Analysis of National Test Scores in Very Remote Australian Schools: Understanding the Results through a Different Lens

Analysis of National Test Scores in Very Remote Australian Schools: Understanding the Results through a Different Lens

John Guenther (Flinders University, Australia)
Copyright: © 2015 |Pages: 19
DOI: 10.4018/978-1-4666-7495-0.ch007
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Abstract

Based on the current research of the Cooperative Research Centre for Remote Economic Participation, this chapter presents an analysis of the 2012 Australian National Assessment Program – Literacy and Numeracy data from very remote schools across Australia. The data support perceptions of apparent failure in remote education for Aboriginal and Torres Strait Islander students. The reasons for this failure are often attributed to disadvantage. In this chapter, the author proposes that the perceptions of failure are built on philosophical, sociological, economic, and psychological assumptions that may not be shared by those who are subjected to tests. It is therefore possible to critique remote education, not as a failure, but as a reflection of the values it embodies. That critique allows for different ways of understanding difference framed around the perspectives that come from the context of very remote schools.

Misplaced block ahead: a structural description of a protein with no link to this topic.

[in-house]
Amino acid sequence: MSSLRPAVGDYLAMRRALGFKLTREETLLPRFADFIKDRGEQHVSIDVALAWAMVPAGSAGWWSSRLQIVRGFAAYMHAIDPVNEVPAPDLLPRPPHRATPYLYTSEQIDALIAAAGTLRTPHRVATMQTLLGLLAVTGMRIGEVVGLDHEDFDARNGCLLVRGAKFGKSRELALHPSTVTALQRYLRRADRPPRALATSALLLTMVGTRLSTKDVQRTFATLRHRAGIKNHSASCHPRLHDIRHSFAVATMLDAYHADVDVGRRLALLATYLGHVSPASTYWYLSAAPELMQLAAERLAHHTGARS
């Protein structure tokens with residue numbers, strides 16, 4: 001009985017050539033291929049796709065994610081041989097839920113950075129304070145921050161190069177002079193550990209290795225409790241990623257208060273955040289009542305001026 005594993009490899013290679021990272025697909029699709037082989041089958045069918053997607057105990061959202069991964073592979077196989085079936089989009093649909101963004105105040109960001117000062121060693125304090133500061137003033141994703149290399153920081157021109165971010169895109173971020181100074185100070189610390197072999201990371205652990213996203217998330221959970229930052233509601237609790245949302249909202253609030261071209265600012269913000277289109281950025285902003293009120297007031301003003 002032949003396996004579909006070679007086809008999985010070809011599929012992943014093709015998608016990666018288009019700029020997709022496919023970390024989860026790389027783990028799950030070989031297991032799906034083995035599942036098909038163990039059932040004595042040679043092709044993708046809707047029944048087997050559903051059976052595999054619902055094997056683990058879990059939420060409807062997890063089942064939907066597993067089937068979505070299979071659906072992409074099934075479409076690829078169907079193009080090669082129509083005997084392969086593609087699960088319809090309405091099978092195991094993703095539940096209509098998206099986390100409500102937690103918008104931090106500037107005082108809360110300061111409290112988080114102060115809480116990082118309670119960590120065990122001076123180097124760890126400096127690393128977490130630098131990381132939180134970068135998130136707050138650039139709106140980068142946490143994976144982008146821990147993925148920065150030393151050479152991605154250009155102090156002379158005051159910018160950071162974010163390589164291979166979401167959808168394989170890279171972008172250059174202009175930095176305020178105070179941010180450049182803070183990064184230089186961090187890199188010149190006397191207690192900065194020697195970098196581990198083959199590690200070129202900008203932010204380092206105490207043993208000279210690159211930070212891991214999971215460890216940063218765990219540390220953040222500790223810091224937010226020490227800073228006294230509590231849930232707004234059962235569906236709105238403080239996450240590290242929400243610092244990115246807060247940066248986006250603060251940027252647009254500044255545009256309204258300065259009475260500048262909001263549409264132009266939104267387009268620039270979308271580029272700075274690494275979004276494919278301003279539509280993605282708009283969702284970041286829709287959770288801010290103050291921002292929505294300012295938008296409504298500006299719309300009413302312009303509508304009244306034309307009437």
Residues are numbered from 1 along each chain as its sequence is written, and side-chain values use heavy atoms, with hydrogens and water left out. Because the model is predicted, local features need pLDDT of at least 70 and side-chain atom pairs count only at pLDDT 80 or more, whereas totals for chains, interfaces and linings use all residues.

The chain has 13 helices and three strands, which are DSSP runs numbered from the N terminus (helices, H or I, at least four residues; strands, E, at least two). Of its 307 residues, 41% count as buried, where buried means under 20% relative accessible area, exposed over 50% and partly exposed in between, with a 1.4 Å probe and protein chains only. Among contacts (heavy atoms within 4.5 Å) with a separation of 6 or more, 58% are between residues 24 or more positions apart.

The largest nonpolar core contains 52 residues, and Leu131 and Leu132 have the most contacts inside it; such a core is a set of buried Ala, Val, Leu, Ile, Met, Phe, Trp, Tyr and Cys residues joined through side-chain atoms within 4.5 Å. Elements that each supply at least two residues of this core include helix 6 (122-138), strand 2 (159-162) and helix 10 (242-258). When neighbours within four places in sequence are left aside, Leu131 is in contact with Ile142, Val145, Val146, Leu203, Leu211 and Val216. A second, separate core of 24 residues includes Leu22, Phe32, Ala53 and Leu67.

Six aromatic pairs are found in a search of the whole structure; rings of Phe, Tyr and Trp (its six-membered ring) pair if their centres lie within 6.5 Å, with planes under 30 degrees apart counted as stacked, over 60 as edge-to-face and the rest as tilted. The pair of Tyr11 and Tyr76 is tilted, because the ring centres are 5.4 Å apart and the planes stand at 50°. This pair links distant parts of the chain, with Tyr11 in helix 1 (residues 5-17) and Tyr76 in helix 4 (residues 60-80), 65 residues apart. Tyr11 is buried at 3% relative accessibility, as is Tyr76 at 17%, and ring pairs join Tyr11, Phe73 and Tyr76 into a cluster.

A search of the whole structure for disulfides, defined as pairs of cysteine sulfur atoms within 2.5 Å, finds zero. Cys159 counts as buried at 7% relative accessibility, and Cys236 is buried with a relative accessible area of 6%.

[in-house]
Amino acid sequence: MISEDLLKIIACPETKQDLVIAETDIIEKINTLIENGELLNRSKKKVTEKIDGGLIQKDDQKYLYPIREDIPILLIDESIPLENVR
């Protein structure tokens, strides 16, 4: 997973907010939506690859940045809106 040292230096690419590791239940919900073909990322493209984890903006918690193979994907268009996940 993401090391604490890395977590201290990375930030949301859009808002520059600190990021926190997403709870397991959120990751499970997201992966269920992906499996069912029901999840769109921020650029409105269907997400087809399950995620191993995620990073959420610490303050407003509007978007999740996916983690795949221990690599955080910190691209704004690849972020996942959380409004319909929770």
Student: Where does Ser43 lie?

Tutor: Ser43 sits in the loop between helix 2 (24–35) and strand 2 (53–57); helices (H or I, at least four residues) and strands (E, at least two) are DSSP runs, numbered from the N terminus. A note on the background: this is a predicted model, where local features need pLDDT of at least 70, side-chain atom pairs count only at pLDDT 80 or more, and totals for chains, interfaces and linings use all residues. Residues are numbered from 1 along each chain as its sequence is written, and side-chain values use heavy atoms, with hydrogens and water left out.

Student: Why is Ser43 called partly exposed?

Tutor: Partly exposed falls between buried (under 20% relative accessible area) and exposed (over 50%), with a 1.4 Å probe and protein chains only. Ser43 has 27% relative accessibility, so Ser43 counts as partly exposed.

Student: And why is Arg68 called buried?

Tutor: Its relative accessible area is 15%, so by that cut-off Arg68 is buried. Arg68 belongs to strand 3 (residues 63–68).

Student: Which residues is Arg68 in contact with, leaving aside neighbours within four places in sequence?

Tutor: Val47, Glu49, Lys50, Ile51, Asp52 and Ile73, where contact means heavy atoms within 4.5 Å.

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Literature Review

The initial focus of this chapter is on National Assessment Program – Literacy and Numeracy (NAPLAN) test scores and what they tell us about very remote schools. These tests are at times contentious as shown by a recent Australian Senate Inquiry (Senate Standing Committee on Education and Employment, 2014), which suggested that students with disabilities and those from non-English speaking backgrounds were disadvantaged by the tests. The literature examined in this chapter first considers the rationale and purpose of national testing in Australia. It then considers the various responses that have been initiated in recent years to address the disparities in the results of those tests between Aboriginal and Torres Strait Islander and other Australian students. Finally, the literature review moves from the pragmatic response to the philosophical and theoretical foundations of what is recognised in Australia as a ‘good education’.

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